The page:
Discover more from Oh My Heart
courage tucked in
good news inside you
For many years I worked with a photographer who made me feel like a professional model with the lens of artistic excellence I desired. Often in photo shoots, when I was fussing with how much of my lumps and bumps were exposed, this feisty photographer would shush me, indicating the magic 10% tuck, the trickery of photo editing - photoshop would make it all disappear. I believed this was standard practice, and secretly I might have enjoyed it. The ease of the special offer prompted my desire to keep doing this thing, even when it felt off. I was paying for it, and the "little extra" was a bonus. Right?
Only this year, I learned that this 10 % tuck procedure is not standard. For a decade, I showed up in pictures altered by the discrepancy of a bystander filtered through their lens. That was not true and not mine. It was easy to hand over my autonomy; even more infuriating, I believed lies and lying to myself. Throughout my life, there have been many ways my body experienced abuse, and I abused myself. But I did not consent to have photographs chopped up by photoshop, nor did I question it because questioning my motivation and understanding only barely stronger than my doubts about it were.
Sharing the raw, transparent, relatable stories of my life happens because of the phantom life that existed before I became the person I am now. I used to live a life where I agonized about keeping my body and personality tucked in. I wanted to ensure I was the most acceptable version of what a person could be. We live in a standardized world that wants us to make others more comfortable. I no longer wish to be the photoshopped version of myself. If I want it to be otherwise, I cannot be this without that somebody I was while I was becoming more me. I have worked on the complex stories that make me who I am today.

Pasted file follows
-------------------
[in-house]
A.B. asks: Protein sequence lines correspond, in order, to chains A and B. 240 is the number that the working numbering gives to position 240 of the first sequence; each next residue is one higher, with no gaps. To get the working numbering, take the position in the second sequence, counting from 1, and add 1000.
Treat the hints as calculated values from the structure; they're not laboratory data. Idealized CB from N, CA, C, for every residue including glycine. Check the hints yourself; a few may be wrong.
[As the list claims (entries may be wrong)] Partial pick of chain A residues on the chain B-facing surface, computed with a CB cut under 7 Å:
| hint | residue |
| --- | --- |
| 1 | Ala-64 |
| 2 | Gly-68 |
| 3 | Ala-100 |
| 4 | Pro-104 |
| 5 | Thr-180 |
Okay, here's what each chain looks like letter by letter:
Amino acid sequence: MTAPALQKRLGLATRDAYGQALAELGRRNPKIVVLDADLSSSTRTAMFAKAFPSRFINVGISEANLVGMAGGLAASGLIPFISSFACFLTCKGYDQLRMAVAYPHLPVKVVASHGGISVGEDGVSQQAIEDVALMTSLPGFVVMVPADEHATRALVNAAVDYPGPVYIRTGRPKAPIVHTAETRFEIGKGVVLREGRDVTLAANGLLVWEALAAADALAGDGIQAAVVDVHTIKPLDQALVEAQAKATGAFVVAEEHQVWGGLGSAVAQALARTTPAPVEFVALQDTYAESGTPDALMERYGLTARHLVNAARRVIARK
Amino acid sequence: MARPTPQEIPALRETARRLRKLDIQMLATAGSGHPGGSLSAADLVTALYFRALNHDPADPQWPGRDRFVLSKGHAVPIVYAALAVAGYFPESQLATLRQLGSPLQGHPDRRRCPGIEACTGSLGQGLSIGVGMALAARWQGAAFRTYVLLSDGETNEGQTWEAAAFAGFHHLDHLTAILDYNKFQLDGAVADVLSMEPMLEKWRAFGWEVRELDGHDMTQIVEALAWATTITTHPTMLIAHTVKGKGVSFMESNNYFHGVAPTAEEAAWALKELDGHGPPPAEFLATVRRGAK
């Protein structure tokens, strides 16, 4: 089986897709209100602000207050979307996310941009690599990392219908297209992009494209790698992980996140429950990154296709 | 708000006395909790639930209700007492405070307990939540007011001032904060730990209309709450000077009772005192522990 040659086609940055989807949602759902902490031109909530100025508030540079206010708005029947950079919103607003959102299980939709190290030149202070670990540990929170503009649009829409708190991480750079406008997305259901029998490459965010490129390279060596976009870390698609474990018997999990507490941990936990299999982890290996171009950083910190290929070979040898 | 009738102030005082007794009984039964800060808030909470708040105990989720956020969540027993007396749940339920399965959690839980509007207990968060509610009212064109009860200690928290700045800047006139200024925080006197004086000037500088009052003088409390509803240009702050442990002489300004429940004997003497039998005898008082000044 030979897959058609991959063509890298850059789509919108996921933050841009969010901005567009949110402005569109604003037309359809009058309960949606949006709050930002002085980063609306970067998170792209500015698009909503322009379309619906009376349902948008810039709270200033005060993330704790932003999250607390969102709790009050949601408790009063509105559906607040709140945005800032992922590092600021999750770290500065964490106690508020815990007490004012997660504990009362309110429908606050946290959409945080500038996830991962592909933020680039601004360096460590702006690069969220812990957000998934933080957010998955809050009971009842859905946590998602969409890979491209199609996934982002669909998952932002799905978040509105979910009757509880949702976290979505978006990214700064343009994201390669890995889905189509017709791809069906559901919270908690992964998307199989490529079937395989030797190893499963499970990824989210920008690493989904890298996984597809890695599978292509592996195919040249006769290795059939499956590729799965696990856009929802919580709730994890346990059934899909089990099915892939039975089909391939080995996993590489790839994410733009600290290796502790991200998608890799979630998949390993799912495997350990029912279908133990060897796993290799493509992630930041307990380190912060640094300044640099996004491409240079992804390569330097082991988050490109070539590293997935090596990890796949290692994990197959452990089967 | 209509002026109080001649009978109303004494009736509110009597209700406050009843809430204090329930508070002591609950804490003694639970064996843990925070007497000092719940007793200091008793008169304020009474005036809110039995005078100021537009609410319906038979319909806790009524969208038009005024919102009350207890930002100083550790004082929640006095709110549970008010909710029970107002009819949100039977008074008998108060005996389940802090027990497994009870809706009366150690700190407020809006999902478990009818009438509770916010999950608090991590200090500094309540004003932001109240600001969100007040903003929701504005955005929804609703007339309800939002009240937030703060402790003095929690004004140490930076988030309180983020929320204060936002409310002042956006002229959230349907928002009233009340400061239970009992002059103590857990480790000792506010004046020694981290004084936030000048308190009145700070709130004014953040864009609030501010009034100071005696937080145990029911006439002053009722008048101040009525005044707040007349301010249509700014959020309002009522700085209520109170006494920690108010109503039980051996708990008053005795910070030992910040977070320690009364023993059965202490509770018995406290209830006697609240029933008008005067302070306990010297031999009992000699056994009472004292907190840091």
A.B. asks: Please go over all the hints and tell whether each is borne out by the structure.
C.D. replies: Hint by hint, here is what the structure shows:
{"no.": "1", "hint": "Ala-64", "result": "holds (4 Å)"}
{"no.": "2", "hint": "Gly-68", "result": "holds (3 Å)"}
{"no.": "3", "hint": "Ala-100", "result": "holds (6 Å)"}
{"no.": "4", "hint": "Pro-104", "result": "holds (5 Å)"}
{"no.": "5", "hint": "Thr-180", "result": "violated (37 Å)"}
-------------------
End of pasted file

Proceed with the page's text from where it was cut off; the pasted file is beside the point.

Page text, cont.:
Healing cPTSD I realized that my life was a ghost ship I didn't board by choice or chance. We think we know what makes us insecure—our appearance, success —but it's something more. Writing gave me a new way to embrace and find the courage to be who I am. I can now embody all the negative traits I feared someone would see in me, so I don't have to spend much time and energy hiding them.
Thank you, dear reader, for your generosity in showing up and reading every week.
I no longer internally fret about showing myself and my body from any angle. It feels like an aching limb growing out of my heart and gloriously free. Smash the ♥️ if you feel it too.
We get to make it up to ourselves, so let's celebrate the beauty of what stories we want to live and love, then share the bejeezus out of it.
Join me! Share how you celebrate the beauty of what is in the comments below.
This past month I dove deep and started a winter journey of reading. Let's say it's called My Heaviest Book Club.
Here is the list:
Educated by Tara Westover Born to survivalists in the mountains of Idaho, Educated is an account of the struggle for self-invention. It is a tale of fierce family loyalty and of the grief that comes with severing the closest of ties.
What My Bones Know by Stephanie Foo A searing memoir of reckoning and healing by acclaimed journalist Stephanie Foo, investigating the little-understood science behind complex PTSD and how it has shaped her life.
Their Eyes Were Watching God by Zora Neale Hurston(1937), Janie Crawford sets out to be her own person—no mean feat for a black woman in the '30s. Janie's quest for identity takes her through three marriages and into a journey back to her roots. Zora Neale Hurston gives detailed accounts of African American life in the South.
Sex Cult Nun by Faith Jones, Educated meets The Vow in this story of liberation and self-empowerment—an inspiring and crazier-than-fiction memoir of growing up in and breaking free from the Children of God, an oppressive, extremist religious cult.
Requeening: Poems by Amanda Moore, Beyond the productivity and excess, the sweetness and sting, Requeening brings together poems of motherhood and daughterhood, an evolving relationship of care and tending, responsibility and joy, dependence and deep love.
(Reviews and links provided by Goodreads)
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